Old Dominion’s art department kicked off their sixth annual juried exhibition and scholarship competition on March 1. The beginning day was an opening reception free to the public. It lasted from 7 p.m. to 9 p.m. The gallery is located on Monarch Way right across from the police station. Student work will be displayed until March 31.
Special guest, Amy Brandt, the McKinnon Curator of Modern and Contemporary Art at the Chrysler Museum, selected work from 150 Old Dominion art students. The 20 pieces selected were chosen based on quality of content, form, idea and execution. Brandt has held many curatorial positions at the American Federation of Arts, the Brooklyn Museum and the Solomon R. Guggenheim Museum. She has worked for the Chrysler Museum for two years.
The staff at the Baron and Ellin Galleries welcomed her as the guest of the night. “I’ve enjoyed getting to know the art department and students over the past two years,” said Brandt. “We have done collaborative work together and it has been a wonderful experience.”
Finalists were surprised when they found out they were selected. “Of course there was shock and then a very strong feeling of flattery right before the nervousness settled in,” said senior Stephanie Ramirez, who found out she was a finalist by email.
Both of Ramirez’s works are: “Untitled 2” and “Untitled 4.” When asked what her artwork represents, Ramirez gave a universal answer about life. “My artwork represents a struggle,” she said. “I firmly believe everyone has a story, has a struggle, a hurdle, a doubt, odds.”
Ken Riley, another senior, felt the same way as Ramirez. “I was a bit surprised,” he said. “I didn’t think I would be selected considering the wealth of talent and creativity among the students in the art department.” Riley was informed by a classmate on Feb. 22 he was a finalist, which was the same day of judging.
Riley emphasizes landscapes in his photo “Blackwater Ramp.” “I try to find humor in everyday things but overall, I think I like landscape and scenic type photography, especially of a place I enjoy,” he said. He cites his involvement in art stemming from a camping trip in Washington State with his family.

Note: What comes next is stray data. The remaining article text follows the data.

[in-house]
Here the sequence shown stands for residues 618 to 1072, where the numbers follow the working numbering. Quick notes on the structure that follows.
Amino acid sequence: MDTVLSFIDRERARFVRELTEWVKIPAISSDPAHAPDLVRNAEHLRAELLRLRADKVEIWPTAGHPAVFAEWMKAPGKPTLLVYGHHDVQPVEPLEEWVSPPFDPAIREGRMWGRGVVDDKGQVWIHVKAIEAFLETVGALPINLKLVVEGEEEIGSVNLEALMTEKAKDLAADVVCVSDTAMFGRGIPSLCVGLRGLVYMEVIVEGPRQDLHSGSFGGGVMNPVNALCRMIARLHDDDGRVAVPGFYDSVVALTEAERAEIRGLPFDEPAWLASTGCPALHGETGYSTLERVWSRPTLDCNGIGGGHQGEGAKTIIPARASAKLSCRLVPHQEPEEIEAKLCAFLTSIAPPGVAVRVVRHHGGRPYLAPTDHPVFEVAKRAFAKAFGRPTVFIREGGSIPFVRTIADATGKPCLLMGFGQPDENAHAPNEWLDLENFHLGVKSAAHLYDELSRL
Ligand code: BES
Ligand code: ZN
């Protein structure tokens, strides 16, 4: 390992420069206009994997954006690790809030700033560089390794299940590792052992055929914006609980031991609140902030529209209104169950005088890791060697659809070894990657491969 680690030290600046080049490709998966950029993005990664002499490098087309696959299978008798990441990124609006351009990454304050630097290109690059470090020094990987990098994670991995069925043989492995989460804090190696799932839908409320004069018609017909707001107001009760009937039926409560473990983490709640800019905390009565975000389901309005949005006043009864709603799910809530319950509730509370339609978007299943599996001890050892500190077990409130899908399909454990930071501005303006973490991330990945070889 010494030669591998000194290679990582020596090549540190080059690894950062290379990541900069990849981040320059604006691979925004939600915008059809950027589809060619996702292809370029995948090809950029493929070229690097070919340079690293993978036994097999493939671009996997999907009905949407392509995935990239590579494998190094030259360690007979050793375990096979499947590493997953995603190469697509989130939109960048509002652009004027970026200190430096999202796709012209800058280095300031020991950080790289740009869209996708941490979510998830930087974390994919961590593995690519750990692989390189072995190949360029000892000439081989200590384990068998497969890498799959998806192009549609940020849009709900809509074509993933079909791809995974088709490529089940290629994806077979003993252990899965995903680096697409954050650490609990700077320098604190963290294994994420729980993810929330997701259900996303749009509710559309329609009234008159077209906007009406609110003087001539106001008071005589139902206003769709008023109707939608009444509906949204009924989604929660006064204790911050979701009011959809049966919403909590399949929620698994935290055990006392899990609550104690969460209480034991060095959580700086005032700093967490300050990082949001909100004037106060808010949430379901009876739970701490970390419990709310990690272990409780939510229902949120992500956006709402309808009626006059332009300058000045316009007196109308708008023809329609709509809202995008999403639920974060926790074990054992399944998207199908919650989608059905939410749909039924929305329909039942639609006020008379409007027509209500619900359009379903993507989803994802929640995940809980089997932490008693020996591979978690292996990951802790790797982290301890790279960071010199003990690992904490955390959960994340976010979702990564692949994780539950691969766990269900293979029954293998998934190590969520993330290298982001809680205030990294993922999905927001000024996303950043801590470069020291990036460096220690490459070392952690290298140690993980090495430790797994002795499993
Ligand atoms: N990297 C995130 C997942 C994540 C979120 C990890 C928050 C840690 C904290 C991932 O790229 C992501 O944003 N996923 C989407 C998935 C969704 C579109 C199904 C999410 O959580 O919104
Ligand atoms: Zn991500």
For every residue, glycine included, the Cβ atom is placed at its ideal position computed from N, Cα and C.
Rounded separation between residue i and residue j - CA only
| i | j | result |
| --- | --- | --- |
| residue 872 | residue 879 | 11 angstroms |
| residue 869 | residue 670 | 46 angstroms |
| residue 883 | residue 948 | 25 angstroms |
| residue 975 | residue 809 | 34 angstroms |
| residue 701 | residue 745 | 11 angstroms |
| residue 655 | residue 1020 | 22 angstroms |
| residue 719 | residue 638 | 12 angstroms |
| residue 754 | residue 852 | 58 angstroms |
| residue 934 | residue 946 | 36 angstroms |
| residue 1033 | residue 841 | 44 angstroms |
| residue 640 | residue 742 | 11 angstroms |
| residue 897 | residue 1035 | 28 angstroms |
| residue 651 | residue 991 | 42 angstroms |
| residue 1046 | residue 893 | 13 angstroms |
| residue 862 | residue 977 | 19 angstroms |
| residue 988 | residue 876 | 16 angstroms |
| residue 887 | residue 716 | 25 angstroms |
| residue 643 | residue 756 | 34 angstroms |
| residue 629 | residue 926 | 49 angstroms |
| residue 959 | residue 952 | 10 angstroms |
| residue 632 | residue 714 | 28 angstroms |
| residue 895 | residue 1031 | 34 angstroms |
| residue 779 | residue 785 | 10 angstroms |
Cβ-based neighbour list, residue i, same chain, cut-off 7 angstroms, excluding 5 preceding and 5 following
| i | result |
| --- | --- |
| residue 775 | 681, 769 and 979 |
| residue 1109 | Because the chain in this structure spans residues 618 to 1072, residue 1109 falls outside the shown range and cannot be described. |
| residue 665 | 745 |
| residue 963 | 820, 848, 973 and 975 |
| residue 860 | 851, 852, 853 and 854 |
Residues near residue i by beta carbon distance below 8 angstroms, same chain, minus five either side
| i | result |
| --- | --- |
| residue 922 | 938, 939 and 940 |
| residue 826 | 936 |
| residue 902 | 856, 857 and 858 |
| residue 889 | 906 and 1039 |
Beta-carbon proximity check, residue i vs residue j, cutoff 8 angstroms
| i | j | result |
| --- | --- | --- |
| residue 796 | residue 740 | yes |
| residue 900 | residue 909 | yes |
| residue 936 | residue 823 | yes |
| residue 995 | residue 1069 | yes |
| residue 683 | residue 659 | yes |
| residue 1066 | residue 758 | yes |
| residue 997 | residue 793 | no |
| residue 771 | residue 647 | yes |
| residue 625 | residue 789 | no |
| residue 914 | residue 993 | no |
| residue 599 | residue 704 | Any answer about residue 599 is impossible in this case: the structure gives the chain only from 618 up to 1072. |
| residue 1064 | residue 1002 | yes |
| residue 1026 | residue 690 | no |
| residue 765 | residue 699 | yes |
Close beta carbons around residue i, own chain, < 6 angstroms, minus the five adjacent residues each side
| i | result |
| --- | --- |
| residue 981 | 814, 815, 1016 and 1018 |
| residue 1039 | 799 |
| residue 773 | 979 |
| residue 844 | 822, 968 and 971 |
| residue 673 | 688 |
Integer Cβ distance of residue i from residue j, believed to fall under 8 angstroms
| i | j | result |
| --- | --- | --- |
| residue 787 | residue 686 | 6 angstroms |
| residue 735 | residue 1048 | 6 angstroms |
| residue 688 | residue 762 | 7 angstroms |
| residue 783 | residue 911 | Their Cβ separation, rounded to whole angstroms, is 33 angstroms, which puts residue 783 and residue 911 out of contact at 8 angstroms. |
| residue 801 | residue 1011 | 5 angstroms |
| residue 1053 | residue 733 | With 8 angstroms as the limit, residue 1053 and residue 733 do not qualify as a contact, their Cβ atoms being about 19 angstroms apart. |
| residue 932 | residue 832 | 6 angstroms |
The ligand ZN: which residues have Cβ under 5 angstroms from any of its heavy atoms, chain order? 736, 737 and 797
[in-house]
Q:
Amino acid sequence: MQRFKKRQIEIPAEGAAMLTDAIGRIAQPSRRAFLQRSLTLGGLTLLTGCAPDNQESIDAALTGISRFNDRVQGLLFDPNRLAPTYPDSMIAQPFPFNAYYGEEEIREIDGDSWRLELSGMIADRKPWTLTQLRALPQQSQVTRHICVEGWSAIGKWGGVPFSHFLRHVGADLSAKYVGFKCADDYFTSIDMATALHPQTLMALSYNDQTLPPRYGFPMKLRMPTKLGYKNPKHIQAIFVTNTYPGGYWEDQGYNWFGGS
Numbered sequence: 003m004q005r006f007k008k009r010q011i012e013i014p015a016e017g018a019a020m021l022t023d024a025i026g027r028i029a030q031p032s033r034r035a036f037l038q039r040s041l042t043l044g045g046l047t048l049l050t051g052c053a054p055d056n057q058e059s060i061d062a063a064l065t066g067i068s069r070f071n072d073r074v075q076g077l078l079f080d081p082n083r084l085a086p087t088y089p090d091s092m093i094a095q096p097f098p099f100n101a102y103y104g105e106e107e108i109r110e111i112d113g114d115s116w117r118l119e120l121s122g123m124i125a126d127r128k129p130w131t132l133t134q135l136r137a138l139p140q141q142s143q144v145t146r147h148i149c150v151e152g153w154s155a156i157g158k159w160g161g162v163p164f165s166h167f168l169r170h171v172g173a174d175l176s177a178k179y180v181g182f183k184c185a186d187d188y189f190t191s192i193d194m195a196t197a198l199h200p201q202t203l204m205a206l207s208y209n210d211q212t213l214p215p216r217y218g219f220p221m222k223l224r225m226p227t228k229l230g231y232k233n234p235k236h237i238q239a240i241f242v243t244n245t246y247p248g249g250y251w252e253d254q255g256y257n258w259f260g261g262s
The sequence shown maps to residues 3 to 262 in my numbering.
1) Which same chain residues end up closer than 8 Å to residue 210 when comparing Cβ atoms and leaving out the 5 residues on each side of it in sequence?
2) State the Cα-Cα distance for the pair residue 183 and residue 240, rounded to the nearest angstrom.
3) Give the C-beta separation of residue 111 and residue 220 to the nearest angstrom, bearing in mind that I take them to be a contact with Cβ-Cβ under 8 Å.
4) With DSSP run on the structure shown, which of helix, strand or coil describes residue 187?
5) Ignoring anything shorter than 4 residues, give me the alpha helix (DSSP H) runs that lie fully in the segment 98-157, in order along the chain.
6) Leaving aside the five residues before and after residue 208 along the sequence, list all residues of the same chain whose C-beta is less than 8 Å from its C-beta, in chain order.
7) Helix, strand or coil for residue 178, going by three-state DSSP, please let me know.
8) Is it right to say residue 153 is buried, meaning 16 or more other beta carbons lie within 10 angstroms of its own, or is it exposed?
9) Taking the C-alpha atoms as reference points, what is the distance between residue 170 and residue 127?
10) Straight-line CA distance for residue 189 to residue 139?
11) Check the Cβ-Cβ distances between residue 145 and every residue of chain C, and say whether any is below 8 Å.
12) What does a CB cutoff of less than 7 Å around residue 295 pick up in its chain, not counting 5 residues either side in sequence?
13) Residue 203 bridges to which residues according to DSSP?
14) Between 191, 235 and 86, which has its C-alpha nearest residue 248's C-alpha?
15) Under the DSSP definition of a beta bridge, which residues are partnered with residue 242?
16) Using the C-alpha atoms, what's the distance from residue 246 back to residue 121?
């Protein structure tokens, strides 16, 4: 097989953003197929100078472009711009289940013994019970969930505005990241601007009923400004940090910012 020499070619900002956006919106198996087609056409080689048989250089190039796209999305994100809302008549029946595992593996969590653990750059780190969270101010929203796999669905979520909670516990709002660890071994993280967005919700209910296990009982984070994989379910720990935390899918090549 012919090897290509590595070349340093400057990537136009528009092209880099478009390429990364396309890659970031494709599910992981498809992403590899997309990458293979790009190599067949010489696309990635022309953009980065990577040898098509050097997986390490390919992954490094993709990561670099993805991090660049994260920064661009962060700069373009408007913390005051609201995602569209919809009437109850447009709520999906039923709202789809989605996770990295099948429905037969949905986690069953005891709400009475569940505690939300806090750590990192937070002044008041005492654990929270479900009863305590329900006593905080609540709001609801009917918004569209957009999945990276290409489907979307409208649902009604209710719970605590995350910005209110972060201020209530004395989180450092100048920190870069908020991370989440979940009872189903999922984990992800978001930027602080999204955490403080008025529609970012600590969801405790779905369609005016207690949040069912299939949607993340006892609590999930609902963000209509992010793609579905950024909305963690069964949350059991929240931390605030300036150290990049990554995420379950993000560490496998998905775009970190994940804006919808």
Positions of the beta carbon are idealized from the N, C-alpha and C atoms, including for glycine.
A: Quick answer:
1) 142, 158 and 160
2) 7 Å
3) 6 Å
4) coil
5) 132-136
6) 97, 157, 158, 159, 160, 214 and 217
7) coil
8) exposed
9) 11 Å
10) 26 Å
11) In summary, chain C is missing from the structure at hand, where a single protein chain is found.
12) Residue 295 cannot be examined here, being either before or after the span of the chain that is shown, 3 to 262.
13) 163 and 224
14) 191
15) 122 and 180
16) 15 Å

On the other hand, senior Kate Swartz had mixed feelings. “I was pretty confident in that I would get at least one piece out of the five I submitted in,” said Swartz. “I was shocked when I found out that three were selected.” Swartz’s three works included “Subway,” “Target Shopper” and “Untitled Figure 1.” Gretta Pratt, one of the photography professors at the art department, informed Swartz of her achievement.
Swartz’s artwork also represents a struggle. Her piece “Untitled Figure 1,” portrays her experience healing from a deep loss. “I became heavily interested in photography after Hurricane Katrina completely submerged my home underwater when I was 16 years old,” said Swartz.
Swartz strikes two different themes in “Subway” and “Target Shopper.” Consumerism is the main theme in “Target Shopper” during Black Friday, the busiest day for retailers. Neon signs are in the photo attracting shoppers to deals. In Swartz’s “Subway” photograph, she captured a passenger enjoying leisure time during a ride.
This is the complete list of students whose work was chosen for the art show:
Troy Bonner: Untitled
Chris Boylan: Ray, A True Friend is Hard to Find
Anthony Brown: Research Prototype on Flexible Properties of Wood
Chali Cameron: Glued to Technology
James Clark: Art’s a Drag
Jessica Copeland: Gluttony, Pride, Greed, Lust, Revenge
Jon Gibson: Taking Up Residency, Home
Madelyn Higgins: Teapot in Black and White
Austin Jacobs: Robots and You, Water for Elephants, Father of the Atomic Bomb
Megan Jefferson: Angry Santa Cards, Hop on Down
Jessica Midgley: Eevee is Missing, Squirtle Mourns, Pickachu’s Funeral
Preston Mosley: America Scores with Trojan
Stephanie Ramirez: Untitled 2, Untitled 4
Leslie Renn: Signifyin’, Exponentiation
Ken Riley: Blackwater Ramp
Bryan Ruiz: Shadow of Doubt, Unknown Soldier, Hope
Kate Swartz: Subway, Target Shopper, Untitled Figure 1
Jesse Switzer: Untitled 1, Untitled 2, Odin’s Favor
Angie Van Dyke: Warm Traditions
Edward Whelan: Relic, With Real Hair and Beard
By: Eric Smith